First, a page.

I'm pretty sure that my life would have been a lot easier if my parents had more information about the different learning disabilities that a child can face. My dad was a teacher and was well versed about dyslexia and ADD, well before they became trends in parenting.
Luckily, parents have more access to information than ever before and to make it even easier here are the seven most common learning disabilities. If your child hates to go to school and has a hard time with homework, it may not be laziness. Let's figure it out.
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According to the Learning Disabilities Asociation of America, the most common are:
1. Auditory Processing Disorder (APD): It affects how sound that travels unimpeded through the ear is processed and interpreted by the brain. It makes difficult to recognize subtle differences between sounds in words, even when the sounds are loud and clear enough to be heard. It can also make hard to tell where sounds are coming from, to make sense of the order of sounds, or to block out competing background noises.
2. Dyscalculia: A specific learning disability that affects a person's ability to understand numbers and learn math facts. It may also mean poor comprehension of math symbols, may struggle with memorizing and organizing numbers, and or have difficulty telling time, or have trouble with counting.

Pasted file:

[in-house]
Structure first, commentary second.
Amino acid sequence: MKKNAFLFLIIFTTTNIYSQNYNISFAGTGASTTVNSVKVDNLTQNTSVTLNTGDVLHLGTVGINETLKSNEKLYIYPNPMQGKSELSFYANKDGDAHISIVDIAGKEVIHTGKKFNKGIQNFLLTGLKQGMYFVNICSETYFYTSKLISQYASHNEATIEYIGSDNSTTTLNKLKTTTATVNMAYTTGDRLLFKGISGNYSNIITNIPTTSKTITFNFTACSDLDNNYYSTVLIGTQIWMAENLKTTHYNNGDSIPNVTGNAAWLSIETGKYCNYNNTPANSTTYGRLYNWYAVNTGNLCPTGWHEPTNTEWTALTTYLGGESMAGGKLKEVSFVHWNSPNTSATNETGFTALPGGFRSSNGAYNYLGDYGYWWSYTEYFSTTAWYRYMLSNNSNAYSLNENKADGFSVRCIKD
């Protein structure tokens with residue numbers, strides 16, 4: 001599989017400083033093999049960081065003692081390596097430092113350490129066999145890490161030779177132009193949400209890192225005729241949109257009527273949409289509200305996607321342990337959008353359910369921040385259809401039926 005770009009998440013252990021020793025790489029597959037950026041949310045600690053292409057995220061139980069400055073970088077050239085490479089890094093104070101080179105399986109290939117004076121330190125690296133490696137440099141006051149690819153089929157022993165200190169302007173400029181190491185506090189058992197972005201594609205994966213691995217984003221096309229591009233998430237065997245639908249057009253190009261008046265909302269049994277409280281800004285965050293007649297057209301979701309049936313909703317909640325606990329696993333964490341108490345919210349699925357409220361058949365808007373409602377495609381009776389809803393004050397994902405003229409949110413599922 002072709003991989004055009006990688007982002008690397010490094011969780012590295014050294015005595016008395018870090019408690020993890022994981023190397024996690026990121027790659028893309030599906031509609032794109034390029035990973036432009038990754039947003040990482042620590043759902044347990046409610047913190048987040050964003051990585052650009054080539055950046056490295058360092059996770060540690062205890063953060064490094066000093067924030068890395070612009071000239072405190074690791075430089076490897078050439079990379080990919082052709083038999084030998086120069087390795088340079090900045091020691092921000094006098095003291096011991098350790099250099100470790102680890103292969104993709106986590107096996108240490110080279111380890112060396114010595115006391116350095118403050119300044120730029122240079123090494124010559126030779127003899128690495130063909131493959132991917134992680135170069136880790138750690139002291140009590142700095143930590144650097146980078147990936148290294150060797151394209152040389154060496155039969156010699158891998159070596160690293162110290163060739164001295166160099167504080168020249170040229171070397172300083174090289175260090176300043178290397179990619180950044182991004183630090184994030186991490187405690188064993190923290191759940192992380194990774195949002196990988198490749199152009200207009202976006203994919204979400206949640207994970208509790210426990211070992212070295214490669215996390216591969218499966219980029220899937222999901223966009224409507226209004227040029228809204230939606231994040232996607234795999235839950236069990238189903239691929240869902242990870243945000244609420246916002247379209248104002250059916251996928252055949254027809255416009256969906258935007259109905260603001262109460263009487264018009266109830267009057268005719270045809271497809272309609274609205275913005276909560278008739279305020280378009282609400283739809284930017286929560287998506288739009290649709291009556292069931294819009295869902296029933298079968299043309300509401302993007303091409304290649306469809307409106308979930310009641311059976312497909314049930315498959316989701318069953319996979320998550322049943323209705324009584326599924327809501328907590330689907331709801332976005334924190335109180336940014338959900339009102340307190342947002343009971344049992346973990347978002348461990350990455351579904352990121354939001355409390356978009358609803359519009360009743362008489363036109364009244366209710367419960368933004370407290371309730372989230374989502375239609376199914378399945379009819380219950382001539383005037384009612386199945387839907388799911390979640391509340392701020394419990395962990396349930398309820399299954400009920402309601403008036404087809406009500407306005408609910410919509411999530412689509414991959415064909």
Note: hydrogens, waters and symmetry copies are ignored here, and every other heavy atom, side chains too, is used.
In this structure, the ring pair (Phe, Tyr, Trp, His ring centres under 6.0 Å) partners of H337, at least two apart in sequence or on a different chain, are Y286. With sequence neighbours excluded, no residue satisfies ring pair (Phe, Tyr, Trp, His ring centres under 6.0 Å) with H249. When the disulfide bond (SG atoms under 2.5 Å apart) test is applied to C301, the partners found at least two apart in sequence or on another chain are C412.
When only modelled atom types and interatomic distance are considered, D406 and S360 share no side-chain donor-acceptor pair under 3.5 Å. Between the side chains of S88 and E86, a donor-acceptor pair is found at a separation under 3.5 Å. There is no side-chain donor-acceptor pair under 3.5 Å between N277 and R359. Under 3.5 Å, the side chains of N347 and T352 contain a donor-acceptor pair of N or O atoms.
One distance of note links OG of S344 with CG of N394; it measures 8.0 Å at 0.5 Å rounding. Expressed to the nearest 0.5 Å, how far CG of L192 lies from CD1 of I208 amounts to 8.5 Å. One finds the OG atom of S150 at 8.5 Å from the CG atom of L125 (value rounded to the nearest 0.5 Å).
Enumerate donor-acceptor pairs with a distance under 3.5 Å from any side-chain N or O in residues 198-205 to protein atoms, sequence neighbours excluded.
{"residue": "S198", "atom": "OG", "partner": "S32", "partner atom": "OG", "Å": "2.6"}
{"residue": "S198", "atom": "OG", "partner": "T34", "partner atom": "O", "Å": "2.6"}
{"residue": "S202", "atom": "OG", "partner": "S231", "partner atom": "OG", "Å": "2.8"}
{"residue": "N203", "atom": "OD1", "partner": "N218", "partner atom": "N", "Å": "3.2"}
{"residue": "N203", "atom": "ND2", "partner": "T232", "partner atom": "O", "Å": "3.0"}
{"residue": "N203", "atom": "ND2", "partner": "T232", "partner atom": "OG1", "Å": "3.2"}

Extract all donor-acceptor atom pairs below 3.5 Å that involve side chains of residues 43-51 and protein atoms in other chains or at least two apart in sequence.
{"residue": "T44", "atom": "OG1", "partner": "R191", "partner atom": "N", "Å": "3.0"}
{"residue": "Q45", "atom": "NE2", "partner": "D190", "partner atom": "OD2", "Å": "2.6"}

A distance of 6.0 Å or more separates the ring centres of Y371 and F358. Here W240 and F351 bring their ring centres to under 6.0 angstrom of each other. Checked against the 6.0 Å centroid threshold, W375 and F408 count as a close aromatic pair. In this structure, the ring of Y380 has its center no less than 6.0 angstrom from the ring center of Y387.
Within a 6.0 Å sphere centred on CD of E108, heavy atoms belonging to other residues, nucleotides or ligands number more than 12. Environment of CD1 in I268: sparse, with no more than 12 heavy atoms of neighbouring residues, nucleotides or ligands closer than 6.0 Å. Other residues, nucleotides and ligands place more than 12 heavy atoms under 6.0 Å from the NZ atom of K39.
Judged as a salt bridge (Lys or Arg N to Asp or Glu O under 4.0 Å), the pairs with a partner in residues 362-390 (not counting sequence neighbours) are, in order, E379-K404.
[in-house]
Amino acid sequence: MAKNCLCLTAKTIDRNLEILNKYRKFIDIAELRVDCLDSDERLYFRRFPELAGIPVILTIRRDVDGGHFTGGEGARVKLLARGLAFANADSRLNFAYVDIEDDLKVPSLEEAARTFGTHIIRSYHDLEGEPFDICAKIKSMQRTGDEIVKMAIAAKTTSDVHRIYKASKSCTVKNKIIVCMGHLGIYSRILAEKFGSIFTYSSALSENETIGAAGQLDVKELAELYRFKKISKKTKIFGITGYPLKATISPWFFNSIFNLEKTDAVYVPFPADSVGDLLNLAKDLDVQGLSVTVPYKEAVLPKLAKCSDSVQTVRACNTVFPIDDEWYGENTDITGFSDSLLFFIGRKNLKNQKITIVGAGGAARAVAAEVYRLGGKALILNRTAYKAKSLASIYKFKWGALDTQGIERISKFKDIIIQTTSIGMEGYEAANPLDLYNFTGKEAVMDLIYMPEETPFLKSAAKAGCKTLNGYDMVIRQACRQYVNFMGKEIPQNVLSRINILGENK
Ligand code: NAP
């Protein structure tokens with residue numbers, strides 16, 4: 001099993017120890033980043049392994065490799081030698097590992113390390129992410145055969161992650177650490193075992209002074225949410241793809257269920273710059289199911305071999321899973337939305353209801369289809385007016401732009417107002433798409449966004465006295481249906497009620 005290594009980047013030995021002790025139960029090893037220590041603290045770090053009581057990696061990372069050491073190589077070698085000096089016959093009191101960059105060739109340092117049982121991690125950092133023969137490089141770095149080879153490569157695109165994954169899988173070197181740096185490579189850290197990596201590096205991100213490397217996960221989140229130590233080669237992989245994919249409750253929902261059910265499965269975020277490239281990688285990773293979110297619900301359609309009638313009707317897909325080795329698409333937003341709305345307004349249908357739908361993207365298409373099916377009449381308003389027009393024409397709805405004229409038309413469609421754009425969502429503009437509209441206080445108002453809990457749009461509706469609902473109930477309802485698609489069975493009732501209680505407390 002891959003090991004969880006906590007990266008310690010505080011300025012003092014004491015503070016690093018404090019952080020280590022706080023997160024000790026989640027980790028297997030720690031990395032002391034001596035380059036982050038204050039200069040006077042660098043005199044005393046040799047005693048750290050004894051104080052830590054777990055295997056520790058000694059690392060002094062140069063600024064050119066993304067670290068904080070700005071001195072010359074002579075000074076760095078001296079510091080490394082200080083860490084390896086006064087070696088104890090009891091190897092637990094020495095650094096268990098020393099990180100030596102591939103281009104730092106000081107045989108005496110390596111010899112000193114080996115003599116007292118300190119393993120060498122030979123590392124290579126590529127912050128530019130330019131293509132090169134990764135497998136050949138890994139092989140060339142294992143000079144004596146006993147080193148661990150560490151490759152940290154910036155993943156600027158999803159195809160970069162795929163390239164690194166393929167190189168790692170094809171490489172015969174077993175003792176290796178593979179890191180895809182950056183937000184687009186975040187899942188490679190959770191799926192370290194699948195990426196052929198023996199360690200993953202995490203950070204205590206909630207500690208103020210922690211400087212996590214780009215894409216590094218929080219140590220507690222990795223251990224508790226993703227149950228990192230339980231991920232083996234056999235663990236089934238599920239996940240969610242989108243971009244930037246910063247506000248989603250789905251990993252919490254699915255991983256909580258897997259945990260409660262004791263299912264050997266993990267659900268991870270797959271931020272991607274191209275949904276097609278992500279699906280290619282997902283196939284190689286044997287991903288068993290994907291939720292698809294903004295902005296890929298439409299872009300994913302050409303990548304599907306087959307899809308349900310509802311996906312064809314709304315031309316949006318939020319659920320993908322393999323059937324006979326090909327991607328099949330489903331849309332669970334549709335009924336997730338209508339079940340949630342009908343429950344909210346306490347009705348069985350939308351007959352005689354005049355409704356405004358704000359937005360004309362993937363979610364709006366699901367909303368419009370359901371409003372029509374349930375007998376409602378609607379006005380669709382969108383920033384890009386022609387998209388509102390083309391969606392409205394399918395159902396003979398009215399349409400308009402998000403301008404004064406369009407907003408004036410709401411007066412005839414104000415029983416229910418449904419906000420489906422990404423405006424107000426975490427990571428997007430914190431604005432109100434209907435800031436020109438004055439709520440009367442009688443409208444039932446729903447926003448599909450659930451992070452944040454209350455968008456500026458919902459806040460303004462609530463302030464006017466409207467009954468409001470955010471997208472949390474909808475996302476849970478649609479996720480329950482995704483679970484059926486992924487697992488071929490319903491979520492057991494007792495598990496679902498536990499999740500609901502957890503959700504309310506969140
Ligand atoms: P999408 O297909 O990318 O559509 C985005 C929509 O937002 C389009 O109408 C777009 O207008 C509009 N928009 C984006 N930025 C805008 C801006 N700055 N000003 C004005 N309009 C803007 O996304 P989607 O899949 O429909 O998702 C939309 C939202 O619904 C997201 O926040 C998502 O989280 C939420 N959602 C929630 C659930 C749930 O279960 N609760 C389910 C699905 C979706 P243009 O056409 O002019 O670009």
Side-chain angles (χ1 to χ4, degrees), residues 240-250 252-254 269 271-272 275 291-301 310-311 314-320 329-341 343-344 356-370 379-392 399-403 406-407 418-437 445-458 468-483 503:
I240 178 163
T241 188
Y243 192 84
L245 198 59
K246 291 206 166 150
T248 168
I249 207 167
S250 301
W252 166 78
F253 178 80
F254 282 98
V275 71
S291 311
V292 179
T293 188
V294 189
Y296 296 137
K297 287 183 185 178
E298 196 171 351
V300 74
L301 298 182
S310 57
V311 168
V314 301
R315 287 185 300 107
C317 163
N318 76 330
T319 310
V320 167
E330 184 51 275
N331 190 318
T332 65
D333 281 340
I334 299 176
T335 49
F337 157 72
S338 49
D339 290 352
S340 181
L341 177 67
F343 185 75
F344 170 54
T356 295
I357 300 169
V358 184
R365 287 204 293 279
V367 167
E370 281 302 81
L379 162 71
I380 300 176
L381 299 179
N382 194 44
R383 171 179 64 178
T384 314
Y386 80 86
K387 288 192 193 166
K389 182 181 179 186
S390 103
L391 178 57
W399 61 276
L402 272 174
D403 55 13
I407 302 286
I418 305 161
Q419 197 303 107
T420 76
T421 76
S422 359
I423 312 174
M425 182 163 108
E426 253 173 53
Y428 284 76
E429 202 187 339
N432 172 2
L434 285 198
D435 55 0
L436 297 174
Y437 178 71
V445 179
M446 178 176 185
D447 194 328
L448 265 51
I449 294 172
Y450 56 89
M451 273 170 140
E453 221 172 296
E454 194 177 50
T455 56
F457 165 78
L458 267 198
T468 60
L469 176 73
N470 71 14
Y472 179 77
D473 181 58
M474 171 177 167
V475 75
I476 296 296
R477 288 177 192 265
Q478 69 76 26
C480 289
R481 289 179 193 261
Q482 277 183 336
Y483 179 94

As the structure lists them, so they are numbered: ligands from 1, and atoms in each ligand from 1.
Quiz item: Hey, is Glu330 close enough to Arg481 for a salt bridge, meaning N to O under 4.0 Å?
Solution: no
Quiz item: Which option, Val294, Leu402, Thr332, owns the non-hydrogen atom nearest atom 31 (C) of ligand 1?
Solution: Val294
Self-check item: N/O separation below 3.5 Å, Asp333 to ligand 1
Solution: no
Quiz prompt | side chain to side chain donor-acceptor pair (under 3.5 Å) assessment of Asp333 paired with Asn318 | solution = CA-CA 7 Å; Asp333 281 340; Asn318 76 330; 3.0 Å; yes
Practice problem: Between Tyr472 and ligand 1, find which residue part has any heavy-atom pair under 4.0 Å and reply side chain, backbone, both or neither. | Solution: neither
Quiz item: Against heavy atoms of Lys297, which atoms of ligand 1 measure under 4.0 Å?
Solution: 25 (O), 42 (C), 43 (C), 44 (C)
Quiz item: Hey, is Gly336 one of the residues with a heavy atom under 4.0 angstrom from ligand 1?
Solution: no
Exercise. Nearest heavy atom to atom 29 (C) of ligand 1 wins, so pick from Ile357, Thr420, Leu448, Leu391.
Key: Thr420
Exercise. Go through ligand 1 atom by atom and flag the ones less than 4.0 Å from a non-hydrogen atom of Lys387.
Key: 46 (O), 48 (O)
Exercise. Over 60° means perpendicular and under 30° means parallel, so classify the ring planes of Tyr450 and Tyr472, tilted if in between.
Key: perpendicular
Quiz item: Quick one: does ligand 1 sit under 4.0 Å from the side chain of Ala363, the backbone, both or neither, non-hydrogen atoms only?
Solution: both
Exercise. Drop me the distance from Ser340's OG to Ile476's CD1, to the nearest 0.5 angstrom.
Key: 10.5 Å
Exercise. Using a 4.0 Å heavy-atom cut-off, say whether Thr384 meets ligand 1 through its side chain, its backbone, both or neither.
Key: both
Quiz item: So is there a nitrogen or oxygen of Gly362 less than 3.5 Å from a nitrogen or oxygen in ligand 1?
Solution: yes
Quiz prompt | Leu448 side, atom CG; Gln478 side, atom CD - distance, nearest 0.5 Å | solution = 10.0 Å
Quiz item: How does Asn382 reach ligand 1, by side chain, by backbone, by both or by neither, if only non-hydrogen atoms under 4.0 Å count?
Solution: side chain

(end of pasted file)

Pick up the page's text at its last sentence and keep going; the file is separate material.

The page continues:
3. Dysgraphia: It affects a person's handwriting ability and fine motor skills. It includes problems including illegible handwriting, inconsistent spacing, poor spatial planning on paper, poor spelling, and difficulty composing writing as well as thinking and writing at the same time.
4. Dyslexia: A specific learning disability that affects reading and related language-based processing skills. Its severity can differ in each person, but can affect reading fluency, decoding, reading comprehension, recall, writing, spelling, and sometimes speech.
5. Language Processing Disorder: A specific type of APD that affects attaching meaning to sound groups that form words, sentences and stories. It can affect expressive language (what you say) and/or receptive language (how you understand what others say).
6. Non-Verbal Learning Disabilities: It affects the ability to interpreter nonverbal cues like facial expressions or body language and may have poor coordination. It often means a significant discrepancy between higher verbal skills and weaker motor, visual-spatial and social skills.
7. Visual Perceptual/Visual Motor Deficit: A disorder that affects the understanding of information that a person sees, or the ability to draw or copy. This can can result in missing subtle differences in shapes or printed letters, losing place frequently, struggles with cutting, holding pencil too tightly, or poor eye/hand coordination.
I hope this list helps! And remember to reach out to your doctor for any advice or to get your child tested if you suspect he or she suffers from any of these.
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